Afghans also took to Twitter to express their disappointment in the film, including Naseem Sharifi, Consul General of Afghanistan in Mumbai.

#PrimeMinisterModi it’s honor to know & have met you on various occasions. Our request is to put da [sic] new movie #panipat under review to make sure that because of a few $ that the filmmakers are earning? we don’t lose our decade worth of hard work & efforts as friendly nations,” Sharifi said in a tweet.

In an interview on December 2, Panipat director Ashutosh Gowariker said that even though he respects the feelings of Afghans, Abdali did “invade us a few times”.


“For me, this film is not about the Hindu-Muslim battle, it’s not. It’s about stopping an invader, protecting your land, it is what the patriotic theme of the film is,” he told The Film Companion, a web channel that promotes Indian cinema.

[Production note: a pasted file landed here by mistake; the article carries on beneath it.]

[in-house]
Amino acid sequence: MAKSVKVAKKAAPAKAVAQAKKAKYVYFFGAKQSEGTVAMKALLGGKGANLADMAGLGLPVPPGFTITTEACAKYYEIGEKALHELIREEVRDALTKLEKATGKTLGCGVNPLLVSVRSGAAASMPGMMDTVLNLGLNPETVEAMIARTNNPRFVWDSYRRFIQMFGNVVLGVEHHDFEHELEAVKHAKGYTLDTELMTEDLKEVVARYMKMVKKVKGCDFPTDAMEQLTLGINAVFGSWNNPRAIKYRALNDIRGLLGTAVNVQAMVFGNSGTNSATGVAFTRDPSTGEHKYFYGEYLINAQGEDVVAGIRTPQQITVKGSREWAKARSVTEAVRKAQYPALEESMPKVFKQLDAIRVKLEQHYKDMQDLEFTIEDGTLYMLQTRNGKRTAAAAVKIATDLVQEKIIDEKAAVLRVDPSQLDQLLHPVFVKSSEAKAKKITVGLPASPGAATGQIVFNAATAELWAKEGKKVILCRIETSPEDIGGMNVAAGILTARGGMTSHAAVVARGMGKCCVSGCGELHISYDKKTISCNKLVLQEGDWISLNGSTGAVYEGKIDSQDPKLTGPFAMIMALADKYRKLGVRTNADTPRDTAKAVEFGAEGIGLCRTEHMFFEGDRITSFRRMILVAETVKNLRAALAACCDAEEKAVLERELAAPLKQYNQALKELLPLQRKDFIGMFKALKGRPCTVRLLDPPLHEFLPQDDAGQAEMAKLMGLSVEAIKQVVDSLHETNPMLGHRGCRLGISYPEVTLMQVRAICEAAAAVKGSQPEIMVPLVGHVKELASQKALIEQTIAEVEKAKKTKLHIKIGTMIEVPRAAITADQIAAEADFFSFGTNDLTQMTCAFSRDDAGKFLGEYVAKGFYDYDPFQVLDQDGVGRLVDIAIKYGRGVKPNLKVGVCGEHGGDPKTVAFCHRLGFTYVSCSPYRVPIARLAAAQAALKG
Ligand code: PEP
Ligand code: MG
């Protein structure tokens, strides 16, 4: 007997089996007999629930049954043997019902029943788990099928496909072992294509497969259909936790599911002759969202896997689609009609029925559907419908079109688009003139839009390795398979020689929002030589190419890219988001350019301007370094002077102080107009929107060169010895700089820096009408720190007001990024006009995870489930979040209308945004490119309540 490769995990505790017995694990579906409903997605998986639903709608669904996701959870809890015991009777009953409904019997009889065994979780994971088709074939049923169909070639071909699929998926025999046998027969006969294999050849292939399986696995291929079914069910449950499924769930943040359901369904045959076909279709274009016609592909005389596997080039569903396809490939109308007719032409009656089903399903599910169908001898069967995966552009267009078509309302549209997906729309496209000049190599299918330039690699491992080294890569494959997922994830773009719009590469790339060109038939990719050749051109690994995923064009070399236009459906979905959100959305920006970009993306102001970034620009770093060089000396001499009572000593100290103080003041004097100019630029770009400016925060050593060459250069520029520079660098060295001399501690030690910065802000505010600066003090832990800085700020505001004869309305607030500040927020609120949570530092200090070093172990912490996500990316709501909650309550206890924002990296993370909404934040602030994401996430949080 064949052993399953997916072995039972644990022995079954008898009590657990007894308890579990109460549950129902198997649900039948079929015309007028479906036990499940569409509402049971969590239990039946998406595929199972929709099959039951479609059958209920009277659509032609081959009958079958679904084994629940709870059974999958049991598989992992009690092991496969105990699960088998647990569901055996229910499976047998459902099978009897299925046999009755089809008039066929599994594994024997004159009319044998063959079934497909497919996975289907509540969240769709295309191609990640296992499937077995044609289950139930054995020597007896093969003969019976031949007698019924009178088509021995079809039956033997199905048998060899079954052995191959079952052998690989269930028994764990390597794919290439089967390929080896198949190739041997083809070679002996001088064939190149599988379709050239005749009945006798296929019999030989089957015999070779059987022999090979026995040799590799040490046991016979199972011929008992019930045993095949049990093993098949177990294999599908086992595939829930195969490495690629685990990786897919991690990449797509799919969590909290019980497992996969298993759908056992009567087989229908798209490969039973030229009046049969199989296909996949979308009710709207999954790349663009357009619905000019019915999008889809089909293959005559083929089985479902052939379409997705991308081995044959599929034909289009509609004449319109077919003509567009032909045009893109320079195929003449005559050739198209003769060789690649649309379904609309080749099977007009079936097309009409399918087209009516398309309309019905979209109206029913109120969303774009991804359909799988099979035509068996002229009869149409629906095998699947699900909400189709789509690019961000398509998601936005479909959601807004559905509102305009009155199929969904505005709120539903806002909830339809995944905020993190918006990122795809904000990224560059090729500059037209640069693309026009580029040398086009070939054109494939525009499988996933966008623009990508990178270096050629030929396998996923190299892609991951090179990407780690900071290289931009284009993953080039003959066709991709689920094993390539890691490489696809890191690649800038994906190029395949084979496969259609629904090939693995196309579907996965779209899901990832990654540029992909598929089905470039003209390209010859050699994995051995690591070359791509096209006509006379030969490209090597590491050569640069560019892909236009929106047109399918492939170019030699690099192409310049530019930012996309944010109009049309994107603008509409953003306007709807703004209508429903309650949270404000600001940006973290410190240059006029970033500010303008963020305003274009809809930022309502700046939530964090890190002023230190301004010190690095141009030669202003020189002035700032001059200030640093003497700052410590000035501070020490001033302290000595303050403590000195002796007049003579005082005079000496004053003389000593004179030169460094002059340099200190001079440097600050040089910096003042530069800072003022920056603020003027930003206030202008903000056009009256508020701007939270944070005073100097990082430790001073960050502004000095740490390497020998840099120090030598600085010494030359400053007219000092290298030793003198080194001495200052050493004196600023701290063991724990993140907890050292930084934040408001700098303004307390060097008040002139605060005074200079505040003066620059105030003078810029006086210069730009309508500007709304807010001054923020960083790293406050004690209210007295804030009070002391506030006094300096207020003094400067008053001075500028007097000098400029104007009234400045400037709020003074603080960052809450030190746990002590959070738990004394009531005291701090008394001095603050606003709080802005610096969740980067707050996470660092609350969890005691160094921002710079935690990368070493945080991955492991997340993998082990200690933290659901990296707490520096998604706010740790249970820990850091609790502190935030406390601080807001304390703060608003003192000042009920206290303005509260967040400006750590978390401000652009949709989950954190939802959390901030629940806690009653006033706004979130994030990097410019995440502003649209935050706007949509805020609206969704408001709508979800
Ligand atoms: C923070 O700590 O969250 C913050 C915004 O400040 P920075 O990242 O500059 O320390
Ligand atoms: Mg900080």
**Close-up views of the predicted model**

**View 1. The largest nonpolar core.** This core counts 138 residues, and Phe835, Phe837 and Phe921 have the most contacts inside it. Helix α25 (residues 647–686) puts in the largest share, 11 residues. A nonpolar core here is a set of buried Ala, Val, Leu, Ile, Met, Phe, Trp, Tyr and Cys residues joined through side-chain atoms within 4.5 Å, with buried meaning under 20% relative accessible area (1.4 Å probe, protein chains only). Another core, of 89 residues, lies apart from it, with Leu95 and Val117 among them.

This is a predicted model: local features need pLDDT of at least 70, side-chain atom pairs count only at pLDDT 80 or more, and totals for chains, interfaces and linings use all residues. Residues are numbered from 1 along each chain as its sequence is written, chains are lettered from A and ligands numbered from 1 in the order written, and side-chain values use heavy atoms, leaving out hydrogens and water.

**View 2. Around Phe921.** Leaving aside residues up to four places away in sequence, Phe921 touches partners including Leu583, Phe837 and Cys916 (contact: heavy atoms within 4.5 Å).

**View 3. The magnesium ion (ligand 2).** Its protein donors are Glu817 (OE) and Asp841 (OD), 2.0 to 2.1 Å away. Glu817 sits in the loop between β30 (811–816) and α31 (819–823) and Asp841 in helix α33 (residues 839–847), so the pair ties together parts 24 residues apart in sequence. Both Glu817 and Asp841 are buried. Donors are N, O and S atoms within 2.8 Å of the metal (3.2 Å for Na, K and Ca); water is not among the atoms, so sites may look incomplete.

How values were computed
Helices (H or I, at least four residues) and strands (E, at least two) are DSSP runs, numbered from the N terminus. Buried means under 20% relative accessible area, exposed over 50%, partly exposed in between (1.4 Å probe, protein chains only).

Gowariker, whose 2001 epic Lagaan was nominated for the Oscars, claimed he retained the dignity of Abdali’s character in his film.

Jawad, a photojournalist based in Kabul, echoed the concerns raised by Rehman, saying he was disturbed by how “Islam was portrayed the religion of violence and fear” in the film.

“In one scene of the movie, it shows Abdali praying and immediately after he finishes the prayer, he is shown killing people,” he said.

“Nowadays, people do not have time to read history, they believe what they see. I wish the Indian filmmaker focused on real history, instead of being biased towards Afghans and Muslims.

“Abdali is described as a thief and a looter, which is not true. I can understand, for Indians Abdali is an invader but the incidents need to be shown according to the facts, not less not more.”

Source: Al Jazeera